Ocean Currents

How the ocean helps keep carbon out of the atmosphere

© National Marine Sanctuaries

As George Leonard wrote recently, planning for a stormier, warmer ocean is a daunting but important task. That’s already a reality for those of us living on the Gulf Coast, where sea level rise (compounded by coastal erosion) can almost wash away an entire community.

With near-perfect timing, another new study has just revealed that sea grasses can trap 2 to 3 times more carbon than a typical forest. The ocean, not just forests, can play a larger role than scientists previously believed keeping carbon out of the atmosphere. A global team of scientists found that sea grasses can trap 183 million pounds of carbon per square kilometer. These grasses take up less than 0.2 percent of the world’s ocean but account for more than 10 percent of all the carbon absorbed by sea life.

Sea grasses can form vast underwater meadows when they are healthy and where the water is clear and clean enough for these flowering plants to grow from the sandy bottom. Here in the Gulf of Mexico, sea grass beds can be found along all 5 states but form the largest meadows  on the coasts of Texas and Florida, and they provide habitat to a number of important marine life, including dolphins, manatees, shrimp, sea turtles, and—my personal favorite—red drum.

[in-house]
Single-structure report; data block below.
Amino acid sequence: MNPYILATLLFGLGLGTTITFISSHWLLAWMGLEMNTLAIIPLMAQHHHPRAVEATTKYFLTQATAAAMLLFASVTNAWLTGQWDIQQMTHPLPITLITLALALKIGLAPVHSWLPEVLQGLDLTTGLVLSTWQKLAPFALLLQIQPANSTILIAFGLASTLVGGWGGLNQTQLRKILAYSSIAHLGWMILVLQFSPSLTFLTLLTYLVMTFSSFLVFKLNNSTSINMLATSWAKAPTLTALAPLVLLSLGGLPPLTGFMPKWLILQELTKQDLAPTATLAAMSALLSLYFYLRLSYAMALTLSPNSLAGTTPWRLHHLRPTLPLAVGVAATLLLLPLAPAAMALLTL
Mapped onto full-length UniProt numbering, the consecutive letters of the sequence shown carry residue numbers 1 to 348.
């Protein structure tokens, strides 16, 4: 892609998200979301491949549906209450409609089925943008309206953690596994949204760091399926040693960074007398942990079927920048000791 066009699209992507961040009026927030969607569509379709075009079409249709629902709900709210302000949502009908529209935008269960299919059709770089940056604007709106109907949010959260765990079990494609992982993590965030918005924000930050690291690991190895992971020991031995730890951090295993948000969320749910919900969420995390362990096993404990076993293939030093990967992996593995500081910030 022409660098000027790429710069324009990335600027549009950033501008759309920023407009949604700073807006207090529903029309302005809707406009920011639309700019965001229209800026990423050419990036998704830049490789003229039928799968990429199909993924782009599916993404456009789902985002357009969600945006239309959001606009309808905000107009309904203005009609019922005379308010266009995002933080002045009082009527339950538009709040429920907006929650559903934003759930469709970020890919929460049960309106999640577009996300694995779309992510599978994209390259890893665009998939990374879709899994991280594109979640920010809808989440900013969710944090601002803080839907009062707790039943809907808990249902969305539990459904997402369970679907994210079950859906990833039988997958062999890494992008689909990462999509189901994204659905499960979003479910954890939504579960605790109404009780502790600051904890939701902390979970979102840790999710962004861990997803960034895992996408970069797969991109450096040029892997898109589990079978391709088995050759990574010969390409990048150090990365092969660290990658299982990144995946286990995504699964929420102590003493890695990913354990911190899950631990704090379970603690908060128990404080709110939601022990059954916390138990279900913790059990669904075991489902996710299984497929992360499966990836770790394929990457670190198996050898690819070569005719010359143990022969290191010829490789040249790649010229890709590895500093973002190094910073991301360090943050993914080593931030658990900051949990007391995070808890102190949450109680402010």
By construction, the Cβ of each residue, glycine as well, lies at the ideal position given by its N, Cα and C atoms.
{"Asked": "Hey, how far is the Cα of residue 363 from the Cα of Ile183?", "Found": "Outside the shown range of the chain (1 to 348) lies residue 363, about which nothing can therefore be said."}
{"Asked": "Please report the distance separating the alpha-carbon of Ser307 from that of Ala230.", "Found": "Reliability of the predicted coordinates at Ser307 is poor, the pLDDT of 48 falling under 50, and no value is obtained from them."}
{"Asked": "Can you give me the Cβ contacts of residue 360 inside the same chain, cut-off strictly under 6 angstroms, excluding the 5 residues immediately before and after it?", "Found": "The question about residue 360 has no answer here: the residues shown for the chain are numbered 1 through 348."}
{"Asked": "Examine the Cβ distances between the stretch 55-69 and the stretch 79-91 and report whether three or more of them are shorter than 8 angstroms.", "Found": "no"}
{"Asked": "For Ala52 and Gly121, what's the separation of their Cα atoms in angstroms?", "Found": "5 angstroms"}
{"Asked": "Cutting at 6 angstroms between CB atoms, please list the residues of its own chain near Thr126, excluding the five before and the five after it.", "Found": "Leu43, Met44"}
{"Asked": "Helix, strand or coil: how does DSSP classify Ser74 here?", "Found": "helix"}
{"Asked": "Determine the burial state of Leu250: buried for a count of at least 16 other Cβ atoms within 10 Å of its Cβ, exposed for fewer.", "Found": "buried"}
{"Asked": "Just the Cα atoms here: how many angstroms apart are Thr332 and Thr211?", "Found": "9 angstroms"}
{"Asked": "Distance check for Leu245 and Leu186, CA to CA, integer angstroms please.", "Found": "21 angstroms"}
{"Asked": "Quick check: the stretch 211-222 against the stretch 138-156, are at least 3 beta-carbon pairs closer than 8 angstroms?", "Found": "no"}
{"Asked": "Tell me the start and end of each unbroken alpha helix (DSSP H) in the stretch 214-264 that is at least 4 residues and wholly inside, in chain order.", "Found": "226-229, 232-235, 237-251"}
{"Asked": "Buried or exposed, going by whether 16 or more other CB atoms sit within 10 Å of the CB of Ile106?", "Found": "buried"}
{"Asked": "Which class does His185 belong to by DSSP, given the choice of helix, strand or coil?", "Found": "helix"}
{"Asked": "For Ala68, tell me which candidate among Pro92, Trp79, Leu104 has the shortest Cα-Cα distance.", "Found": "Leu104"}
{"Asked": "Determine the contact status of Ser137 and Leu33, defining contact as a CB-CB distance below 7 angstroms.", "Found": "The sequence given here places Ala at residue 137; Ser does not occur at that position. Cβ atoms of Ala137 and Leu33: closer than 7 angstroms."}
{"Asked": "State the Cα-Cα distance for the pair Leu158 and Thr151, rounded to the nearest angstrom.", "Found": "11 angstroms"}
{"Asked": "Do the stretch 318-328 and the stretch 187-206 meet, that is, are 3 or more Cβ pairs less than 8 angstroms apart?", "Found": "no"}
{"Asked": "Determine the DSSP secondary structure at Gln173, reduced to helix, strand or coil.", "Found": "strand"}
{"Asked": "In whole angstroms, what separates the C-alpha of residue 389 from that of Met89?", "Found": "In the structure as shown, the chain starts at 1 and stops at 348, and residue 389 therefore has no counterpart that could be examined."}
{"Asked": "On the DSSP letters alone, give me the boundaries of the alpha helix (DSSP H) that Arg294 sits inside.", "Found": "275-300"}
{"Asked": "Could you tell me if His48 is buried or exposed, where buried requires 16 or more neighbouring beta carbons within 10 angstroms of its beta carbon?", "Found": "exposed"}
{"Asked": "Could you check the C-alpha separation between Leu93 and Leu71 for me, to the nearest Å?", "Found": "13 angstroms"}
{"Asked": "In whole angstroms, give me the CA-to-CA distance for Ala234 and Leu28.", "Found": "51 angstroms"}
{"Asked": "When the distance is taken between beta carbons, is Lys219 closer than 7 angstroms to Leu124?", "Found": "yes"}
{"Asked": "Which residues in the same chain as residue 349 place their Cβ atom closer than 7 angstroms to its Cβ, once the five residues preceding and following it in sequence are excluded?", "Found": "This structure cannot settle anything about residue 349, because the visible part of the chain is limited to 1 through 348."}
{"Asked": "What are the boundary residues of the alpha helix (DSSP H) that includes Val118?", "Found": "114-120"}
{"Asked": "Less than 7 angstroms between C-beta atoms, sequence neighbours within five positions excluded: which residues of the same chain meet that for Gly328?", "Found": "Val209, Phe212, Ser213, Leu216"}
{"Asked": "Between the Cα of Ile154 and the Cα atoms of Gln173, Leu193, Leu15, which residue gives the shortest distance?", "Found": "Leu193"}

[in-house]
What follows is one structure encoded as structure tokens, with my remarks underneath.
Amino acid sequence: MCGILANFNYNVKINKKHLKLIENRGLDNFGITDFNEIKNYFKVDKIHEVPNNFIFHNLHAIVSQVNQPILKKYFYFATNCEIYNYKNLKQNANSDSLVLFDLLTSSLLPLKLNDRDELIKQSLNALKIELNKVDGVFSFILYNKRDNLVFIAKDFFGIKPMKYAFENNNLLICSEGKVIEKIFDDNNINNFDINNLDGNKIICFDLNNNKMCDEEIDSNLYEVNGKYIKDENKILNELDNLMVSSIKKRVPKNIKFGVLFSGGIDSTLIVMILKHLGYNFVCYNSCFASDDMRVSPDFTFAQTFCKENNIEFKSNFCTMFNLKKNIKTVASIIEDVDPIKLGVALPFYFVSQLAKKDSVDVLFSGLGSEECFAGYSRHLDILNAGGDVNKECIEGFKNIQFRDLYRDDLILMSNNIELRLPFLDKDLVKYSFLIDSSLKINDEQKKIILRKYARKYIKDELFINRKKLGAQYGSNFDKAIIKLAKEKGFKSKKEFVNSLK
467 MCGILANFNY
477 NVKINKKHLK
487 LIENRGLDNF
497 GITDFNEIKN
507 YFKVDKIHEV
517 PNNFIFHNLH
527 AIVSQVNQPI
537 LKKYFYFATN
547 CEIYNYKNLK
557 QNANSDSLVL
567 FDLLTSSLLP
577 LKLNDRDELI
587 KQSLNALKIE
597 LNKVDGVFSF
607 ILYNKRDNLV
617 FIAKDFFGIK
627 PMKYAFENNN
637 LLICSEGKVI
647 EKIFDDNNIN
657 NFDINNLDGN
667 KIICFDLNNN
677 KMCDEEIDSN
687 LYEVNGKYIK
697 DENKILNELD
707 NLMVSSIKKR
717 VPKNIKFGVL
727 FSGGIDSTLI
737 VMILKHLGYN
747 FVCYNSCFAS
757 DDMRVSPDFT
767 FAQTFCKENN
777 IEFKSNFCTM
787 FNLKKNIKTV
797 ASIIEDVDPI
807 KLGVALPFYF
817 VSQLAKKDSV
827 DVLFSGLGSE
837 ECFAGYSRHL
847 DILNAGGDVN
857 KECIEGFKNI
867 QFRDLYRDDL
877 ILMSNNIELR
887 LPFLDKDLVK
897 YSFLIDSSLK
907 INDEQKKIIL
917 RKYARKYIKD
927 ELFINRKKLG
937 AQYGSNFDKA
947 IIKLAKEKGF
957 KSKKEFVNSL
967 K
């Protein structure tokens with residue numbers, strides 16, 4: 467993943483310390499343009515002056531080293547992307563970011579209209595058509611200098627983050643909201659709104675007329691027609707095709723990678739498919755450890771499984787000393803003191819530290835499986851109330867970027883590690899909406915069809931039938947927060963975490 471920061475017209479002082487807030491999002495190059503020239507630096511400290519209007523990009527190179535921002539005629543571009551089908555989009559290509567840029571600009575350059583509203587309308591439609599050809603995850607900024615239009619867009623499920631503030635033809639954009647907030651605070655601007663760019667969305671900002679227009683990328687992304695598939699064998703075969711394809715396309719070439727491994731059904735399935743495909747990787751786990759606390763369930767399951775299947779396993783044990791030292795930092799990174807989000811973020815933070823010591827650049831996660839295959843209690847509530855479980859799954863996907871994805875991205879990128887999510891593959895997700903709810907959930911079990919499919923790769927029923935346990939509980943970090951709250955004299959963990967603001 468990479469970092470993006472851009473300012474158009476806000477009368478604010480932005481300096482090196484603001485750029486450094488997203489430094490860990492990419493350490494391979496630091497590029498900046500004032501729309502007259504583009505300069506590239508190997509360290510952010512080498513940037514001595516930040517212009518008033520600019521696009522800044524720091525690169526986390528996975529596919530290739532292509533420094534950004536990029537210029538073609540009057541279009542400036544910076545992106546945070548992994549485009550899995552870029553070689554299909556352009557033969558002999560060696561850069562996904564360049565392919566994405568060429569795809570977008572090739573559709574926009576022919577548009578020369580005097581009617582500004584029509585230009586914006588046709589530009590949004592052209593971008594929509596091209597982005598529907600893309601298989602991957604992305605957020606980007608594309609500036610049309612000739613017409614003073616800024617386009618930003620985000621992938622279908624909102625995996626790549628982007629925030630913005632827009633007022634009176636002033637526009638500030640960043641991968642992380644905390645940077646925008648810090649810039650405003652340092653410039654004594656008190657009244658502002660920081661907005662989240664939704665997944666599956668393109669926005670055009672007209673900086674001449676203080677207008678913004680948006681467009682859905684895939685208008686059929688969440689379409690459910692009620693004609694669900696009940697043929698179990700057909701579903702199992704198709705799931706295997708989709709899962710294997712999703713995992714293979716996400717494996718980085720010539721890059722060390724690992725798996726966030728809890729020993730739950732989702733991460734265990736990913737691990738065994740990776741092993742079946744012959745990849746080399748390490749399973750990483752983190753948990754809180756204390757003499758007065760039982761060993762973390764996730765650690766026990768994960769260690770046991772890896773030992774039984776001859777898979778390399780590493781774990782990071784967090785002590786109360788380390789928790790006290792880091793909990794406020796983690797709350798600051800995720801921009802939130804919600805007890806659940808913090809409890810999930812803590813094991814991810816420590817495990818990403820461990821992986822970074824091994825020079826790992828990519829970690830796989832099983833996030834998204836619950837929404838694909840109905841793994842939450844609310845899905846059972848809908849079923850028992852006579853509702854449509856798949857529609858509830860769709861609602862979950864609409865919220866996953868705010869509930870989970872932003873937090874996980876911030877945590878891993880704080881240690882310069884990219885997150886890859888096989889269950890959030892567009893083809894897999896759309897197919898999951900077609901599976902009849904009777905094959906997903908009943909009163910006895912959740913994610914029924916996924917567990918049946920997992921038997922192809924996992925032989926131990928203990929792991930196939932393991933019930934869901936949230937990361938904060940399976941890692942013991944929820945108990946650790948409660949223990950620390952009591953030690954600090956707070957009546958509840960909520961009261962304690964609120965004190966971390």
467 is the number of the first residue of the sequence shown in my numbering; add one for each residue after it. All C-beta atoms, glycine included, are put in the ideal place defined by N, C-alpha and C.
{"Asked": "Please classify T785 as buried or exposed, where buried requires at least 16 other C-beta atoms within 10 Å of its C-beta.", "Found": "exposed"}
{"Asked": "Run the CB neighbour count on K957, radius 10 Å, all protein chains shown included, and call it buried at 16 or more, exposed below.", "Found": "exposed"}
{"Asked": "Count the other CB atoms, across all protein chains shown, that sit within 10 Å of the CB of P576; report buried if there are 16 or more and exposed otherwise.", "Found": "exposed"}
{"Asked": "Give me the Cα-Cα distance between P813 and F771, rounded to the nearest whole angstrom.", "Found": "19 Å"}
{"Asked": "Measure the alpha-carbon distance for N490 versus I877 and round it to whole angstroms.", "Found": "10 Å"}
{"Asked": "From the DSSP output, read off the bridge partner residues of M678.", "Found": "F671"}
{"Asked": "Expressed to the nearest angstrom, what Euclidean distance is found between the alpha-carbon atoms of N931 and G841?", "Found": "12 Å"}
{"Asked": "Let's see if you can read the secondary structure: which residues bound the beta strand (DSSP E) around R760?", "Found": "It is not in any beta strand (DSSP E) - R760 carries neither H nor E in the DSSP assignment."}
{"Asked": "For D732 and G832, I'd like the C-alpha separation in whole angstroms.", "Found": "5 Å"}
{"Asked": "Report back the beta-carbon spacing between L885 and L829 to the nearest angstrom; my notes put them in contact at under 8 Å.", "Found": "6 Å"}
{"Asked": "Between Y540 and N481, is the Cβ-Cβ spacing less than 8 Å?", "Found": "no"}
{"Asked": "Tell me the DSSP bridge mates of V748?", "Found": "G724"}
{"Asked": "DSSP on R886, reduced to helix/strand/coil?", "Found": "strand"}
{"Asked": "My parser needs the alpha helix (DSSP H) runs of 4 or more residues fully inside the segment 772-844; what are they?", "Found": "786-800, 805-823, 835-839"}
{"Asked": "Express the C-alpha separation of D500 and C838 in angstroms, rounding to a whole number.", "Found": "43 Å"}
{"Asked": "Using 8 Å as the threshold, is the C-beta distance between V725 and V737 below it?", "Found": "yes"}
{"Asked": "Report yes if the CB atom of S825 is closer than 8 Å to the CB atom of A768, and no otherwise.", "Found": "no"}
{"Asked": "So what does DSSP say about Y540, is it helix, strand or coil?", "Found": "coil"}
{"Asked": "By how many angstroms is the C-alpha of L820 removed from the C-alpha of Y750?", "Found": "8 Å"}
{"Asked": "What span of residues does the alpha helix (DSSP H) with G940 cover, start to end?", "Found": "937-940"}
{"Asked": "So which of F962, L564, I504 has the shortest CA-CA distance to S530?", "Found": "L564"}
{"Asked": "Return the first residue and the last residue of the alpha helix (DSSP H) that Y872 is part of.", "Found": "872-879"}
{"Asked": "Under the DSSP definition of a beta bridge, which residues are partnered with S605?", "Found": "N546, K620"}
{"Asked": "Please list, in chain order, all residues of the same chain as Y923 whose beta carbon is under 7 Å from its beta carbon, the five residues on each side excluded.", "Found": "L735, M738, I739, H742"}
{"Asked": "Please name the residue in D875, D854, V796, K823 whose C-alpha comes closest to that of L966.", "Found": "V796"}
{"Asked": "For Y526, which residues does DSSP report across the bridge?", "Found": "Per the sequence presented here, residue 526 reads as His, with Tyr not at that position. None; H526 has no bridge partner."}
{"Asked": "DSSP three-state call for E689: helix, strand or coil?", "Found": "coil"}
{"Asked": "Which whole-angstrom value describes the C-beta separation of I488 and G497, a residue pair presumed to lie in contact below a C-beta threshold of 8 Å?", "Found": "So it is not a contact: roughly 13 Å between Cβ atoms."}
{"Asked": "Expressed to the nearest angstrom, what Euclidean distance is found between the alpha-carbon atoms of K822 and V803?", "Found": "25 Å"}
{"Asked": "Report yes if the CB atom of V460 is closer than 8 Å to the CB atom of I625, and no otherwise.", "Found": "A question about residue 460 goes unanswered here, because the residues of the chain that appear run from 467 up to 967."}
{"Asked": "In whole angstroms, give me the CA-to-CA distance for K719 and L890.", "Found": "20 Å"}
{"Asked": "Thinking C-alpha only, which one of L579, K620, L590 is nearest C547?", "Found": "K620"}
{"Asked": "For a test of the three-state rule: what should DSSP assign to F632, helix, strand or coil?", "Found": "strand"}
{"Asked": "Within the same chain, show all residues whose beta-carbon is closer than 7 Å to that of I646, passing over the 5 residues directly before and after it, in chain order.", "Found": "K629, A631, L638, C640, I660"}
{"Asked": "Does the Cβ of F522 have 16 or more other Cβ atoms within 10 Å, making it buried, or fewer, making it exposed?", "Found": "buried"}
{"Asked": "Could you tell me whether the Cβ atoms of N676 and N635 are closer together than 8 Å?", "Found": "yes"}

Given the significant loss of this important habitat, including losses form the BP oil disaster, NOAA has identified sea grass beds as a priority for restoration in the Gulf. Ocean Conservancy fully supports sea grass restoration as a priority, given their role as nurseries and spawning grounds for marine life, including many of the fish we like to eat. We also depend on sea grass beds as a buffer against storm surge for our coastal communities, as well as to sustain our vibrant fishing communities.

Now we know that sea grasses can contribute to reducing the warming of the ocean. What other superpowers do you think the oceans are capable of?

Related Articles

Back to Top Up Arrow